cannot insertAfter the final position since that position is the
trailer and the trailer has no next.
Clearly not the authors' finest hour.
**Implementation Comment** I have not done the
implementation. It is probably easiest to have header and trailer
have the same three components as a normal node, but have the prev of
header and the next of trailer be some special value (say NULL) that
can be tested for.

The position p can be header, but cannot be trailer.

Algorithm insertAfter(p,e): If p is trailer signal an error Create a new node v v.element←e v.prev←p v.next←p.next (p.next).prev←v p.next← v return v

Do on the board the pointer updates for two cases: Adding a node after an ordinary node and after header. Note that they are the same. Indeed, that is what makes having the header and trailer so convenient.

**Homework:** Write pseudo code for insertBefore(p,e).

Note that insertAfter(header,e) and insertBefore(trailer,e) appear to be the only way to insert an element into an empty list. In particular, insertFirst(e) fails for an empty list since it performs insertBefore(first()) and first() generates an error for an empty list.

We cannot remove the header or trailer. Notice that removing the only element of a one-element list correctly produces an empty list.

Algorithm remove(p) if p is either header or trailer signal an error t←p.element (p.prev).next←p.next (p.next).prev←p.prev p.prev←NULL // for security or debugging p.next←NULL return t

Operation | Array | List |
---|---|---|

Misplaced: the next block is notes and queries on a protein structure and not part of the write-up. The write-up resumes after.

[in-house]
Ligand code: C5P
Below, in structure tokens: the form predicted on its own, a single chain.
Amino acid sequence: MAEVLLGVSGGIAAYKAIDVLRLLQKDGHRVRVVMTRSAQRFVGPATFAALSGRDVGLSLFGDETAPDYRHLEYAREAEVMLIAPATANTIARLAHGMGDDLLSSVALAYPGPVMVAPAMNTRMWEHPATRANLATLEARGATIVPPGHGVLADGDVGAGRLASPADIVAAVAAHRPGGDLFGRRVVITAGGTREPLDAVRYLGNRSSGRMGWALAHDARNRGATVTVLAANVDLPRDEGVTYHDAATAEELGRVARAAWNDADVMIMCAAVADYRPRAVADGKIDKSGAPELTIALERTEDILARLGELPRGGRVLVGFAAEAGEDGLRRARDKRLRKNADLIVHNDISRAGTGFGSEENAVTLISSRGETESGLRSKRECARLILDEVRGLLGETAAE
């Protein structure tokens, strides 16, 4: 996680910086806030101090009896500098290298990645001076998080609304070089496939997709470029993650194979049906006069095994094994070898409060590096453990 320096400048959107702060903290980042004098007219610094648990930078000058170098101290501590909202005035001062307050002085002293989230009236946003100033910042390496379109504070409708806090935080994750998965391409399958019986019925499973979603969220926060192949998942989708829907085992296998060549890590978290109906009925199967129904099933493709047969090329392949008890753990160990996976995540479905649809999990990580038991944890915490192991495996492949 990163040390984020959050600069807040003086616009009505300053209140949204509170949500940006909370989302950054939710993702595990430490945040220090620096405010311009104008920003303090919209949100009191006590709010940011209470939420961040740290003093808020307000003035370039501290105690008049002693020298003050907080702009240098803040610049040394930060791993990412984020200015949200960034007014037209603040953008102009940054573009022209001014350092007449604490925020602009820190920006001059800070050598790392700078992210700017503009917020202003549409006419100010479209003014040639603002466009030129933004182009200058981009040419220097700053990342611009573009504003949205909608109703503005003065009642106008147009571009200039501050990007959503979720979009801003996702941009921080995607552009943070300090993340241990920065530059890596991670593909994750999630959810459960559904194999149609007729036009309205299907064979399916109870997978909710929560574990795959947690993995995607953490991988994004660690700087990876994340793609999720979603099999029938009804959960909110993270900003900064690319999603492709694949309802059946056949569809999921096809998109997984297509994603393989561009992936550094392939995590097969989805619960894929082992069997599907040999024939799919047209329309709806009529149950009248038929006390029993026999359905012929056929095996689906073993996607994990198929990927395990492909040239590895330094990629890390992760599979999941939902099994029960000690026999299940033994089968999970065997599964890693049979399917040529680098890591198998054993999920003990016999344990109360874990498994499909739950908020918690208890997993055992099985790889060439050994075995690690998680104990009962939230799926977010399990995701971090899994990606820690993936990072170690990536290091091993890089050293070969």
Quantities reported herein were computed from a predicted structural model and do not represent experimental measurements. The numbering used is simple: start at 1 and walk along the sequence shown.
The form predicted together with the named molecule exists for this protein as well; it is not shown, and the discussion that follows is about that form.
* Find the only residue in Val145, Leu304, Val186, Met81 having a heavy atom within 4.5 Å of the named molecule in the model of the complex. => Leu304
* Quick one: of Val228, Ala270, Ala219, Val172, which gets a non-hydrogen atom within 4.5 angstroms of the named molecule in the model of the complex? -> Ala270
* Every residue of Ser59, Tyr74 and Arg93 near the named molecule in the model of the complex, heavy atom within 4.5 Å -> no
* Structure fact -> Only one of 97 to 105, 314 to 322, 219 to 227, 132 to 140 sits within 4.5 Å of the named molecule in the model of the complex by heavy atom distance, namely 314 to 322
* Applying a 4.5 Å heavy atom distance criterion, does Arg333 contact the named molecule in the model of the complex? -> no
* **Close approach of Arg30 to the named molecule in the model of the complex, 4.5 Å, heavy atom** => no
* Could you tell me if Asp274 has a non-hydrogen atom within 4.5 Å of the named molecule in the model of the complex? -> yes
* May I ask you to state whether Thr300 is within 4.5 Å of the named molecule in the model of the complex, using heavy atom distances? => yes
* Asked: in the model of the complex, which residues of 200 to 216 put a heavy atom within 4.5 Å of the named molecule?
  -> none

size, isEmpty | O(1) | O(1) |

atRank, rankOf, elemAtRank | O(1) | O(n) |

first, last, before, after | O(1) | O(1) |

replaceElement, swapElements | O(1) | O(1) |

replaceAtRank | O(1) | O(n) |

insertAtRank, removeAtRank | O(n) | O(n) |

insertFirst, insertLast | O(1) | O(1) |

insertAfter, insertBefore | O(n) | O(1) |

remove | O(n) | O(1) |

Define a sequence ADT that includes all the methods of both vector and list ADTs as well as

- atRank(r): Return the position of the element at rank r.
- rankOf(p): Return the rank of the element at position p.

Sequences can be implemented as either circular arrays, as we did
for vectors) or doubly linked lists, as we did for lists. Neither
clearly dominates the other. Instead it depends on the relative
frequency of the various operations. Circular arrays are faster for
some and doubly liked lists are faster for others as the following
table illustrates.

An ADT for looping through a sequence one element at a time. It has two methods.

- hasNext: Test whether there are elements left in the iterator
- nextObject: Return and remove the next object in the iterator

When you create the iterator it has all the elements of the sequence. So a typical usage pattern would be

create iterator I for sequence S while I hasNext process nextObject